About Johann Ludwig Burckhardt: Swiss traveller and writer (1784 - 1817) | Biography, Bibliography, Facts, Information, Career, Wiki, Life
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Johann Ludwig Burckhardt
Swiss traveller and writer

Johann Ludwig Burckhardt

Johann Ludwig Burckhardt
The basics

Quick Facts

Intro Swiss traveller and writer
A.K.A. John Lewis Burckhardt, Jean Louis Burckhardt, Jean-Louis Burckhardt
Was Explorer Writer Historian Art historian Archaeologist Geologist Intelligence officer
From Switzerland
Field Arts Academia Law Literature Military Science Social science
Gender male
Birth 24 November 1784, Lausanne, Switzerland
Death 15 October 1817, Cairo, Egypt (aged 32 years)
Star sign Sagittarius
Father: Johann Rudolf Burckhardt
The details (from wikipedia)


Johann Ludwig (also known as John Lewis, Jean Louis) Burckhardt (24 November 1784 – 15 October 1817) was a Swiss traveller, geographer and orientalist. He wrote his letters in French and signed Louis. He is best known for rediscovering the ruins of the ancient Nabataean city of Petra in Jordan.

Youth and early travels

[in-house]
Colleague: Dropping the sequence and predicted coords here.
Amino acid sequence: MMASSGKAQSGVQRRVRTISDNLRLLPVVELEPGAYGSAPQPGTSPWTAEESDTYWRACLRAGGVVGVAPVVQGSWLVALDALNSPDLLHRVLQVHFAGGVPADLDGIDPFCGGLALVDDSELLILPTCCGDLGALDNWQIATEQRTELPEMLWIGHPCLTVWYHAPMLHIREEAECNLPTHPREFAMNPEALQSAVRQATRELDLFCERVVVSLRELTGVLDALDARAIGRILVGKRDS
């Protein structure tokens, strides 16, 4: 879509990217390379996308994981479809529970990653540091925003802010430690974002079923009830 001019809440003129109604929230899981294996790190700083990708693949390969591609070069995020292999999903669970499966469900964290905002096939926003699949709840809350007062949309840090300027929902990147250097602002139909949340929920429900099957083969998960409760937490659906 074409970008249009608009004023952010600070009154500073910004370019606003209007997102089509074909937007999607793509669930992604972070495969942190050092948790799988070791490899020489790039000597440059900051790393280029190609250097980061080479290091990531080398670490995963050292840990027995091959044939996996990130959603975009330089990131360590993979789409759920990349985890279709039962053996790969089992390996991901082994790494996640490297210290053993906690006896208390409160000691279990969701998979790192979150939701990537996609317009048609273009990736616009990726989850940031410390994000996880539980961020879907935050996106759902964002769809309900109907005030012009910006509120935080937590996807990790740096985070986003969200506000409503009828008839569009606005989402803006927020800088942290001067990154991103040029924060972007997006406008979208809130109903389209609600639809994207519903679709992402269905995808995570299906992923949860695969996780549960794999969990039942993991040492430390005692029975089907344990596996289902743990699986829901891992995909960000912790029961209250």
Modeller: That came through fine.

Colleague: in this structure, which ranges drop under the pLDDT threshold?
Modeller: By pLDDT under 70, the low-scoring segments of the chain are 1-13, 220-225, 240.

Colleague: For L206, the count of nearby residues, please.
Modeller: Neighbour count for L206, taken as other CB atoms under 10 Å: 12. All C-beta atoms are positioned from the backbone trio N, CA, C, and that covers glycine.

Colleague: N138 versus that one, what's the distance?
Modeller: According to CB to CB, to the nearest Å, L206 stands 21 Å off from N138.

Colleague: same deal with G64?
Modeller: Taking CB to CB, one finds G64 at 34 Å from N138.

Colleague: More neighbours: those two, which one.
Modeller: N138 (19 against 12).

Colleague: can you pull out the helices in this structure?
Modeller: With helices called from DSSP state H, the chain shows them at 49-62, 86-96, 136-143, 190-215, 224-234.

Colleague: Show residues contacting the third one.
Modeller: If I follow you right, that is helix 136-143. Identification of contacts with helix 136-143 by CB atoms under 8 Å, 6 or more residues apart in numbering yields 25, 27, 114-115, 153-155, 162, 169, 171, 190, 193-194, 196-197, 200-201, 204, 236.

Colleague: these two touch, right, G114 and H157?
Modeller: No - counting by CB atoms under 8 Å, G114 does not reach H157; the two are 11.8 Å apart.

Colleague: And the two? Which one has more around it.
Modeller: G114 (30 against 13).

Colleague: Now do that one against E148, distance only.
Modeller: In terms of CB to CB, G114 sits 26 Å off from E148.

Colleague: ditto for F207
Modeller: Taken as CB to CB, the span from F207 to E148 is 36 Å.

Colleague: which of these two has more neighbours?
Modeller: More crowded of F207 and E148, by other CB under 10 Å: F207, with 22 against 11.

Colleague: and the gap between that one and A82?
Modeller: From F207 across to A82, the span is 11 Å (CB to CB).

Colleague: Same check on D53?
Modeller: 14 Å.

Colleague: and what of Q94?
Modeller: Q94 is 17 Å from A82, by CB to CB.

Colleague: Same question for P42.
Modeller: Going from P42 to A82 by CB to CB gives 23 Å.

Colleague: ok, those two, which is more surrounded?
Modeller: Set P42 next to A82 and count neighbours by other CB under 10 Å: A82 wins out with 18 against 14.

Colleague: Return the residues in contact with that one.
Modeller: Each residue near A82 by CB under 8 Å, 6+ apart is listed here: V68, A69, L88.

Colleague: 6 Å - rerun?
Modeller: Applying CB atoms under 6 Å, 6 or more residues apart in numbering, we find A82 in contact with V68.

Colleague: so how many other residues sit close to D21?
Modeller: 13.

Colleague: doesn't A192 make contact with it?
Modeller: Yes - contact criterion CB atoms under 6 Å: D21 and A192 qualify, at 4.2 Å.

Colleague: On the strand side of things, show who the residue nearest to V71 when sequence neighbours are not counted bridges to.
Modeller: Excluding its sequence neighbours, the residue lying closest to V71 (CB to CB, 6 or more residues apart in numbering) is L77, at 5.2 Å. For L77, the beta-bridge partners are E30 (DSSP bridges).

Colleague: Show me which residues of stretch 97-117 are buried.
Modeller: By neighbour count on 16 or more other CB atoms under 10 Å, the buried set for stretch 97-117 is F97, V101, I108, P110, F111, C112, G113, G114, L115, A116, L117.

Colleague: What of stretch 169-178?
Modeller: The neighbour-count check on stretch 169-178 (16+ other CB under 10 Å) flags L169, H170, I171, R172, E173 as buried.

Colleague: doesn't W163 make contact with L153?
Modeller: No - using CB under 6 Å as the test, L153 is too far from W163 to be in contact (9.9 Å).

Burckhardt was born on 24 November 1784 in Lausanne, Switzerland to a wealthy Basel family of silk merchants, the Burckhardt family. His father was named Rudolf, son of Gedeon Burckhardt, an affluent silk ribbon manufacturer; his mother, Sara Rohner, was Rudolf's second wife following a brief marriage to the daughter of the mayor of Basel which ended in divorce. After studying at the universities of Leipzig and Göttingen, he travelled to England in the summer of 1806 with goal of obtaining employment in the civil service. Unsuccessful, he took employment with the African Association with the objective of resolving some of the problems of the course of the Niger River. The expedition called for an overland journey from Cairo to Timbuktu. To prepare for the journey, he attended Cambridge University and studied Arabic, science and medicine. At this time he also began to adopt Arabian costume. In 1809 he left England and travelled to Aleppo, Syria to perfect his Arabic and Muslim customs. En route to Syria, he stopped in Malta and learned of Ulrich Jasper Seetzen who had left Cairo in search of the lost city of Petra and had subsequently been murdered. Once in Syria, he adopted the moniker Sheikh Ibrahim Ibn Abdallah to hide his true European identity. While in Syria, he investigated local languages and archaeological sites and became the first discoverer of Hittite or Luwian hieroglyphs. He suffered setbacks during his time in Syria having been robbed of his belongings more than once by people he had paid to guarantee his protection. After more than 2 years living and studying as a Muslim in Aleppo, he felt he could travel safely and not be questioned on his identity. To test his disguise, he made 3 journeys in the area of Syria, Lebanon, Palestine and Transjordan travelling as a poor Arab, sleeping on the ground and eating with camel drivers. With these trips being successful, he prepared to continue his journey to Cairo. He left Aleppo in early 1812 and headed south through Damascus, Ajloun and Amman. In Kerak, he trusted his security to the local governor, Sheikh Youssef. The governor, under the guise of concern for his guest, liberated him of his most valuable belongings and then sent him south with an unscrupulous guide. The guide soon after took the remainder of his belongings and abandoned him in the desert. Burckhardt found a nearby Bedouin encampment and obtained a new guide and continued his journey south.